Detour Records have been trying to track down members of this band since the 90s but all the leads went nowhere. Then fast forward twenty years and after doing more research and from reading a post on the excellent "My Life's A Jigsaw" blog we went on a mission to track this elusive band down.

It is not true that the leads went nowhere because at last he managed to track the band. So would present perfect be better in that case? For example, "All the leads have gone to nowhere" (until recently).

Did he choose past simple to emphasize the contrast between the leads that went to nowhere and the good one that managed to track the band?

1 Answer 1


Looking at the story, it seems that Detour records started searching in the '90s. They stopped searching in about 2000. But the search began again recently.

The past tense is used because this is talking about a past action at a specific time period. All the leads found in the 1990s went nowhere.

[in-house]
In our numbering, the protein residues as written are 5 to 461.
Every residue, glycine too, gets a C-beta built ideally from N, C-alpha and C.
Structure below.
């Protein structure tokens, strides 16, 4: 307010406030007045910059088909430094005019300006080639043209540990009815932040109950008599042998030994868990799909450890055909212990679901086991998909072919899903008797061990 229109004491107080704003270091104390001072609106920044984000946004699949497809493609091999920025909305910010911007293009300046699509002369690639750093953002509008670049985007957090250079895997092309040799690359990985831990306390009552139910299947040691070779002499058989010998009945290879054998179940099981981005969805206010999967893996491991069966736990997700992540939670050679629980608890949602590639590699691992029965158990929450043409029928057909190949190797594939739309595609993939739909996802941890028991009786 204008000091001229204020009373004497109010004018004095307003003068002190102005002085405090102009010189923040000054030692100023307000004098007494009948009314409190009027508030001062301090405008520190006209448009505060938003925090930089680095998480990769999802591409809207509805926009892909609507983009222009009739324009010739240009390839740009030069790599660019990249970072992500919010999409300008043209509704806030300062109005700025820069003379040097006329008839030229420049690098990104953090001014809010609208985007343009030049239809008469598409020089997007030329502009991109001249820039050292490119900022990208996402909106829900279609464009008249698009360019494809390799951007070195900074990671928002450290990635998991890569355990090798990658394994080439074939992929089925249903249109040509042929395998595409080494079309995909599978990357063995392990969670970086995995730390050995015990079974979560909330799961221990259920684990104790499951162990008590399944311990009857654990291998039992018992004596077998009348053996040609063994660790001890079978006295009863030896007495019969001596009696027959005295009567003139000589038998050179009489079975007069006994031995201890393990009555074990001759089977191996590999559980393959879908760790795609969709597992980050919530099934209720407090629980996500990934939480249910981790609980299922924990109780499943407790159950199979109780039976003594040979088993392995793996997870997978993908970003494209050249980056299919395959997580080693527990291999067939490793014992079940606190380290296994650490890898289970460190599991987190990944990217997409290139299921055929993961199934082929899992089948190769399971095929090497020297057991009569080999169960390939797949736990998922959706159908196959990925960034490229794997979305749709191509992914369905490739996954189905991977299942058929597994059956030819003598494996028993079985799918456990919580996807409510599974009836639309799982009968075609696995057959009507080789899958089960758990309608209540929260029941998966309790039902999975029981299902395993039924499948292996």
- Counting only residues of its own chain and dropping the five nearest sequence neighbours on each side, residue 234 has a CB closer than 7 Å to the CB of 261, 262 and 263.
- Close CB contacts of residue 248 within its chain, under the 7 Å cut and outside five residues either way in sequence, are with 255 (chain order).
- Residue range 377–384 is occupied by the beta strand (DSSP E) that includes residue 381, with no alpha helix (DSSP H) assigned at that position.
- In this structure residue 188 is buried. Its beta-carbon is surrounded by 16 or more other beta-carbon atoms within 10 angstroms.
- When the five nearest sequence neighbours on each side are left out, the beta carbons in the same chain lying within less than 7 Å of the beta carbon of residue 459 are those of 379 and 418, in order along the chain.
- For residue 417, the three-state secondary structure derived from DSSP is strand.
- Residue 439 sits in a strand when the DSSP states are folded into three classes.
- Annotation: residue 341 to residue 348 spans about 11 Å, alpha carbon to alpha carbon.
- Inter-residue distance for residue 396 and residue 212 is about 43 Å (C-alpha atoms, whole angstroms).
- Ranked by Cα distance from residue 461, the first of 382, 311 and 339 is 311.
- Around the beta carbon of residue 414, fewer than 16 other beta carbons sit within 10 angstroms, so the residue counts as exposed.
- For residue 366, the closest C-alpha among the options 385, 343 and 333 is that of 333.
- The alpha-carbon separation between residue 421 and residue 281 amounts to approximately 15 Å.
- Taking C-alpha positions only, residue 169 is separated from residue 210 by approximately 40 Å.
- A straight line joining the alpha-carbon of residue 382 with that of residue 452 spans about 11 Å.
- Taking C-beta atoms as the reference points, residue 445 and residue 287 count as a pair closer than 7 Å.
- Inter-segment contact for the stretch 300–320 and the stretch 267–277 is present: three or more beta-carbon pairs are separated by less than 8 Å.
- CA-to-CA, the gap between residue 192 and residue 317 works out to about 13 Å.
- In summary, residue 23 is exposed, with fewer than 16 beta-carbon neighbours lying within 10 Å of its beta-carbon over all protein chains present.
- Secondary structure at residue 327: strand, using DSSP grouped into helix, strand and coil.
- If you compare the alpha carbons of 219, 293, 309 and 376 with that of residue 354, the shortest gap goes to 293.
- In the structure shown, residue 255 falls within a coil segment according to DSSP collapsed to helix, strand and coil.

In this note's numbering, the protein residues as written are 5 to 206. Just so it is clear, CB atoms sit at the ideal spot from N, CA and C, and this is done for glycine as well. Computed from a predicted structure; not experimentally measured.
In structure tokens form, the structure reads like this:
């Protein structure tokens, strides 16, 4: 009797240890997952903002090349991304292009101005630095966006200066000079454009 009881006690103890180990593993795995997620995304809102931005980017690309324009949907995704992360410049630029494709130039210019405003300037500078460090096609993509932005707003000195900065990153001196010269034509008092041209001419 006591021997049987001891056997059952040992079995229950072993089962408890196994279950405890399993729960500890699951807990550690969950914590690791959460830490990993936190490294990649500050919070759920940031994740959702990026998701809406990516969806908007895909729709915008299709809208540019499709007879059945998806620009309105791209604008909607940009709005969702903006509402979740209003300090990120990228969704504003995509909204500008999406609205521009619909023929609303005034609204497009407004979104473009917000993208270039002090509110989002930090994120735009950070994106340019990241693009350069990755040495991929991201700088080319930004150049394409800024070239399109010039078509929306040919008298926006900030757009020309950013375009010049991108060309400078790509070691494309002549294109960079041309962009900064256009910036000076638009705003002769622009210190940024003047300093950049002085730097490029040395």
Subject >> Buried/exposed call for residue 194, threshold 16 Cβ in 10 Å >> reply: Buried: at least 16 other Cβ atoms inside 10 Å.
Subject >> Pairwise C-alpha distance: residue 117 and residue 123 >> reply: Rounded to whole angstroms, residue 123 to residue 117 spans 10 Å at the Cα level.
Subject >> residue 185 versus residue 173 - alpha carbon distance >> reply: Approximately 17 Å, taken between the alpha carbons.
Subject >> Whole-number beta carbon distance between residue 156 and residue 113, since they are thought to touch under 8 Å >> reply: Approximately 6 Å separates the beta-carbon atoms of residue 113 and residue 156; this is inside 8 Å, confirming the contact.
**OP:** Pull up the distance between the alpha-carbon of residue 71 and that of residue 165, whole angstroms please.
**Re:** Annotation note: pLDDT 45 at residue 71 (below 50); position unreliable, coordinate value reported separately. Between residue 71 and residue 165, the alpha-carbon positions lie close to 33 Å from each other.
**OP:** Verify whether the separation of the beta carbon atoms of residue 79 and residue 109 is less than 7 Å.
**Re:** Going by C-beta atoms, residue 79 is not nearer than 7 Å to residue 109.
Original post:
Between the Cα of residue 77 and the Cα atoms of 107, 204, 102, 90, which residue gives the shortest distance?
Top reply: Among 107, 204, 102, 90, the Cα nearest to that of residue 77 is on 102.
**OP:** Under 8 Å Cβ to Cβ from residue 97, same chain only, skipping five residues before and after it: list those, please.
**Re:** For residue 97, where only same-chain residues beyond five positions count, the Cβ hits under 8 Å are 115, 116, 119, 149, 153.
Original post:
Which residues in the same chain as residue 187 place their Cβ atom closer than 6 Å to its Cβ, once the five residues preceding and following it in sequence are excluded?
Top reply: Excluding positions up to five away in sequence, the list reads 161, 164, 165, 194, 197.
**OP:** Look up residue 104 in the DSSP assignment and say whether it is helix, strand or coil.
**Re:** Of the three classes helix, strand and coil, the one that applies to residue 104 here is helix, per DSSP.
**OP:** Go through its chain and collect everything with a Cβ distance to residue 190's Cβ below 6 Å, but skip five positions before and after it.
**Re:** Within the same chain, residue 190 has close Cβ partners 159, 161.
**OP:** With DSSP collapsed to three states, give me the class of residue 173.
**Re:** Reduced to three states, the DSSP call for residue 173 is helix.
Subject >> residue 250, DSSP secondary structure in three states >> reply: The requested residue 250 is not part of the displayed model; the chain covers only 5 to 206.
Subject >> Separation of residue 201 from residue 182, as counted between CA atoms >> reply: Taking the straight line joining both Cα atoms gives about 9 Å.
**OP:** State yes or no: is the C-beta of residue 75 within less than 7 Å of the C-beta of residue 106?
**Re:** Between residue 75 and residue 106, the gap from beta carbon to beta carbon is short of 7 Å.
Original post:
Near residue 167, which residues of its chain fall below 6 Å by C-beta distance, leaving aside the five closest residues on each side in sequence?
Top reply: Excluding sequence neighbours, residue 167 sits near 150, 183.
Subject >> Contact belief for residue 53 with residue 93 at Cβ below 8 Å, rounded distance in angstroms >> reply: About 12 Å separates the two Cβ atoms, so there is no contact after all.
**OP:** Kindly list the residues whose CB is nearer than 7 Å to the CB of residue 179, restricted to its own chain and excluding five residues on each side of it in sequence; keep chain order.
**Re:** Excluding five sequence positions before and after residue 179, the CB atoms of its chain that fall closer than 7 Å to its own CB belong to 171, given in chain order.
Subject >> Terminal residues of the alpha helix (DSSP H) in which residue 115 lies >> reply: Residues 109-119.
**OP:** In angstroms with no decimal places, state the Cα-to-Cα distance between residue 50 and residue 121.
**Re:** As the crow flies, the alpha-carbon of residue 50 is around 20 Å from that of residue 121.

• that is what I have understood but what surprises me is the use of present perfect for have been trying (because the searching was interrupted almost 20 years) and this action in present perfect continuous indicates that it was a continuous thing (without interruption )
    – Yves Lefol
    Apr 5, 2021 at 12:21
  • I agree, but the rest of the context implies that they pretty much gave up 20 year ago
    – James K
    Apr 5, 2021 at 13:25
  • So it would have been better to use past perfect continuous if the searches stopped 20 years ago. The problem is that between these 20 years Detour kept searching but did not have any leads so the searching has been continuous but not the leads
    – Yves Lefol
    Apr 5, 2021 at 16:09
  • I think I'd write "Detour records had been trying to track down... in the 1990s, but all leads went nowhere."
    – James K
    Apr 5, 2021 at 16:13

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